Third, when you first learn a skill, your ability level is low. The learning curve is usually shaped such that you can make the biggest gains with relatively little effort early on. For example, when you’re learning to speak in public, you can fairly quickly learn to improve your posture, to wear clothing that flatters you on stage, and to apply basic structure to your speech. It might take you five or ten speeches to master those basics. But learning how to make your audience laugh or when to pause for dramatic effect takes more time and practice. You will not develop those skills as quickly, so when you’re learning more advanced sub-skills, your progress, if you had to put a number to your overall performance, is slower.

Feeling that your progress is slow, though, can hurt your motivation. Early on, you learned a lot and got better every time you practiced. Now, you might practice for a month and not be able to tell the difference between your performance today and your performance a month ago.

How can you stay motivated when your apparent progress has slowed down?

One simple way to maintain your motivation is to generate some gratitude for the progress you’ve already made. You cannot conjure gratitude out of nowhere, but you can pay attention to certain things that will generate that feeling of gratitude for you.

In particular, take a look at how Past You performed.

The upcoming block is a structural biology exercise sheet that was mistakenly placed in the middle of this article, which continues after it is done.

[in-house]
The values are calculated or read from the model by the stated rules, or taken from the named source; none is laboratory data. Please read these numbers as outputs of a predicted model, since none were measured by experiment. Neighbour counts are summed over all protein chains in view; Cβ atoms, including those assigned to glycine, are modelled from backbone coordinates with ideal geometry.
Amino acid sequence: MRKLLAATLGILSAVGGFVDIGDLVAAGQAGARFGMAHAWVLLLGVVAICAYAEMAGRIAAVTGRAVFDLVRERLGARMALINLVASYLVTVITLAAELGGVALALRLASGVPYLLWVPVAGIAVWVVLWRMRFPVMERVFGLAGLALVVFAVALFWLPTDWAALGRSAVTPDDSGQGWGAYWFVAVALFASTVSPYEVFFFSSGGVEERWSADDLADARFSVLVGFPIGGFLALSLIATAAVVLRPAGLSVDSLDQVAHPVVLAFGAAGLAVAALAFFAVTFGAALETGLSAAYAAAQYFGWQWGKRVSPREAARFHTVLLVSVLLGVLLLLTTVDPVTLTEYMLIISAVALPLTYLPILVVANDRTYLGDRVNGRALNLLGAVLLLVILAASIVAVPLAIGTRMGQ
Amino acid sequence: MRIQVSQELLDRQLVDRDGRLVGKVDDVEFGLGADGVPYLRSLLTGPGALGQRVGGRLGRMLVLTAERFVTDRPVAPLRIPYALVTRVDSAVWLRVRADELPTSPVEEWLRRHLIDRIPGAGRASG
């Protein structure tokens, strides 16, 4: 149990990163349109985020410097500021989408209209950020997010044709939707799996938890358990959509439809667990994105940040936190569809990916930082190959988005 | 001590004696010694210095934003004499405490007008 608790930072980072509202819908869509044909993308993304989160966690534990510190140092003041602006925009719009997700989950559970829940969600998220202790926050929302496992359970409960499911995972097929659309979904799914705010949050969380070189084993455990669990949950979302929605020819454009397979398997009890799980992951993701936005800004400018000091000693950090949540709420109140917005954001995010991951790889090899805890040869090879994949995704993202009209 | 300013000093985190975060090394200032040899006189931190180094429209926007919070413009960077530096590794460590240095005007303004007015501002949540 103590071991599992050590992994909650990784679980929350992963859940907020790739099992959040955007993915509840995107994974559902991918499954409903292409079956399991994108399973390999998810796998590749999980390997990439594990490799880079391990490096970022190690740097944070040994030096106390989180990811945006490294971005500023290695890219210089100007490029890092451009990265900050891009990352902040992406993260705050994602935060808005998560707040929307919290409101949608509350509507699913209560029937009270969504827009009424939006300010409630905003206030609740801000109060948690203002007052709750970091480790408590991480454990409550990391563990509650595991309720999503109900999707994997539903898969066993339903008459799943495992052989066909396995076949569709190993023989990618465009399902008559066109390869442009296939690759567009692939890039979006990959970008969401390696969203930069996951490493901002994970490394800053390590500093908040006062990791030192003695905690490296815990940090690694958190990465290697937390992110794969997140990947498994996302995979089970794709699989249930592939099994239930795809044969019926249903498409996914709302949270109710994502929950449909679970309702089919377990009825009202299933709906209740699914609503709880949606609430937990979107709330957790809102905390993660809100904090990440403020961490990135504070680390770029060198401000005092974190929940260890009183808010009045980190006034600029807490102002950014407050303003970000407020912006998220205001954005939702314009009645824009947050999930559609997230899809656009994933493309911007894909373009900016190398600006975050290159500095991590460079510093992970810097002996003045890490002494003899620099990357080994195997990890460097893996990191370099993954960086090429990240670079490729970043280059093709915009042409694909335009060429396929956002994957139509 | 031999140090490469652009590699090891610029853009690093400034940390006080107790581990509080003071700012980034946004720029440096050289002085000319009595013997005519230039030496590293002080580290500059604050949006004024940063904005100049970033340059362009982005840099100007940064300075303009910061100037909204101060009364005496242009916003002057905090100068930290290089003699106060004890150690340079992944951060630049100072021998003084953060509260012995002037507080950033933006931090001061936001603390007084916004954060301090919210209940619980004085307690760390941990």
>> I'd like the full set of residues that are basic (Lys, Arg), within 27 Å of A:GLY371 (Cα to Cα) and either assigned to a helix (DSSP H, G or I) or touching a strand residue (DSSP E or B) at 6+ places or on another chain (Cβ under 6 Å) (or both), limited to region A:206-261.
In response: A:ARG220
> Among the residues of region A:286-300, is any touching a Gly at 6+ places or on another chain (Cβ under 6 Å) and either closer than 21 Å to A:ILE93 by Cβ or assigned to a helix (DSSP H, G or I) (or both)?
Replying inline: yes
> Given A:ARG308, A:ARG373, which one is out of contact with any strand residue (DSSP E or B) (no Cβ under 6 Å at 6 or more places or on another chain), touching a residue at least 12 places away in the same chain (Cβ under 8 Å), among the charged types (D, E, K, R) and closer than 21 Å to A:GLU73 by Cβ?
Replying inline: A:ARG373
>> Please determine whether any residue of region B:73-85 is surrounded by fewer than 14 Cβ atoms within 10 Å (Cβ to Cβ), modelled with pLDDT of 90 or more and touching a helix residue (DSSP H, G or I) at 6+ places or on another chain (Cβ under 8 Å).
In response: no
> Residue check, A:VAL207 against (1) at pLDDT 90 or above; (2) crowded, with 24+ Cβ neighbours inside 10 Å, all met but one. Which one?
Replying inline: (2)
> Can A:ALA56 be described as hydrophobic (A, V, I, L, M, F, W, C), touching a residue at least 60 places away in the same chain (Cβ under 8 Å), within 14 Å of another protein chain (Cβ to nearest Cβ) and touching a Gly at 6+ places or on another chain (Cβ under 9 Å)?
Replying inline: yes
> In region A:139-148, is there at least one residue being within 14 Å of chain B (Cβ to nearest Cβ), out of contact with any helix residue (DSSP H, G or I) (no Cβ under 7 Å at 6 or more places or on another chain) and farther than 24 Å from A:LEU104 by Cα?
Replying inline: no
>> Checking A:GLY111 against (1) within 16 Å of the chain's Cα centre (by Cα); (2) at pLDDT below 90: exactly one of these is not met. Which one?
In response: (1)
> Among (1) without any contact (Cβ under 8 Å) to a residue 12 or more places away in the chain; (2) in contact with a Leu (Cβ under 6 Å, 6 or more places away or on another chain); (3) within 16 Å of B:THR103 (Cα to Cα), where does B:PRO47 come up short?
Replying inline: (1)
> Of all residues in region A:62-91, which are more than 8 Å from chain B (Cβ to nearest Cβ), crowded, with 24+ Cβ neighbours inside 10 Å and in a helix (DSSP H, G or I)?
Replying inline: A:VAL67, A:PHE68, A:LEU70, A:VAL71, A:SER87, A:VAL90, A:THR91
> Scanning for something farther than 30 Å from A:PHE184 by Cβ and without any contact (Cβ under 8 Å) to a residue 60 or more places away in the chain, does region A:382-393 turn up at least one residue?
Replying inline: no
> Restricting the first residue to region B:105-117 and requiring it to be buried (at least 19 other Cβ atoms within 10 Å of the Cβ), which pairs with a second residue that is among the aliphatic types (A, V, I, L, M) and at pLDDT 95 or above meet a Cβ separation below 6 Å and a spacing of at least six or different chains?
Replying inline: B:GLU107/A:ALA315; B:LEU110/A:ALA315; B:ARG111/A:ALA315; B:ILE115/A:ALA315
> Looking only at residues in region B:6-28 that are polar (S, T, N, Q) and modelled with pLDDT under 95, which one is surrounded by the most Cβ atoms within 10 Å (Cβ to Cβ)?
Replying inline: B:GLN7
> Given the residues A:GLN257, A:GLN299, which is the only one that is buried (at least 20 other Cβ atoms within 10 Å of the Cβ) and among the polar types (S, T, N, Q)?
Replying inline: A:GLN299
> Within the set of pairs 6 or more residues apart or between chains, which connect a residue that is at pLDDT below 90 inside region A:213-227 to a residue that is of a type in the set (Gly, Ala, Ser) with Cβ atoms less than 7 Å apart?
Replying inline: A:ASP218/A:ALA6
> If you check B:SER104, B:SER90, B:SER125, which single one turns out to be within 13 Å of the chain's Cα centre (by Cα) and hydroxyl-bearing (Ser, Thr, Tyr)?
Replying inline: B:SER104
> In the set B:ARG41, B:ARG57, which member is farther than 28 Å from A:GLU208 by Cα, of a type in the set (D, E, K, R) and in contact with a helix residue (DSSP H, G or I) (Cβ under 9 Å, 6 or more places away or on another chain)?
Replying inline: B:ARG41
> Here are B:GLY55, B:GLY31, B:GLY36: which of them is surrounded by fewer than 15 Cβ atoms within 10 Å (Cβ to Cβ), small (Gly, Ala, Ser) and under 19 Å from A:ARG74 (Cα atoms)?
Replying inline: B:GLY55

And when I write Past You, I mean more like One Year Ago You than Three Weeks Ago You.

For example, a few years ago I suffered from pretty serious burnout. At one point, I could not clean the house for half an hour without panicking. I remember those moments now, but I forget some of the details. When I read in my journal and see what I wrote back then about my struggles to deal with basic daily tasks (such as deciding where to go for a cup of coffee), I feel tremendously grateful.

I still have problems these days, but they are better problems.

To use another example, I sometimes think that I am not getting much better at bouldering, despite climbing for several hours two or three times a week. But, now and then, I ask a friend to film me when I go climbing, so I can go back and look at myself climbing a route or problem a year ago. When I compare my skill now to my skill a year ago, there is marked improvement.

Incidentally, being able to look at (or “look at”) Past You to feel more grateful is a good reason to record yourself sometimes. For some skills, it will be obvious how to record your performance: you could film yourself playing a sport or speaking in public, for example. For other things, such as when you’re developing a new mindset, you might record your thoughts in a journal.

That means you have two homework tasks today:

  1. Look at yourself from some time ago. Can you tell that you have improved a lot since then?
  2. Record your current level of skill at something you’re looking to develop in the coming year. Write down what you’re struggling with, or record yourself.

Let me know how it goes! 🙂


— Peter

What’s most important to you?

Graffiti on the side of a building, viewed from a train car, reading "The purpose of life is to be happy. - Dalai Lama"

Is loyalty more important to you than autonomy? 

Do you value stability more, or adventure?

Would you rather invest your time and energy into improving your leadership or your compassion?

In short: what do you value? I find this question fascinating.

Here are my top ten values:

  1. Happiness
  2. Growth
  3. Competency
  4. Love
  5. Fun
  6. Openness
  7. Authenticity
  8. Autonomy
  9. Adventure
  10. Wisdom

How do they strike you? Is anything not on my list that is on yours? Or vice versa? What do you value? And what does your significant other value? If there are differences, what can those differences teach you?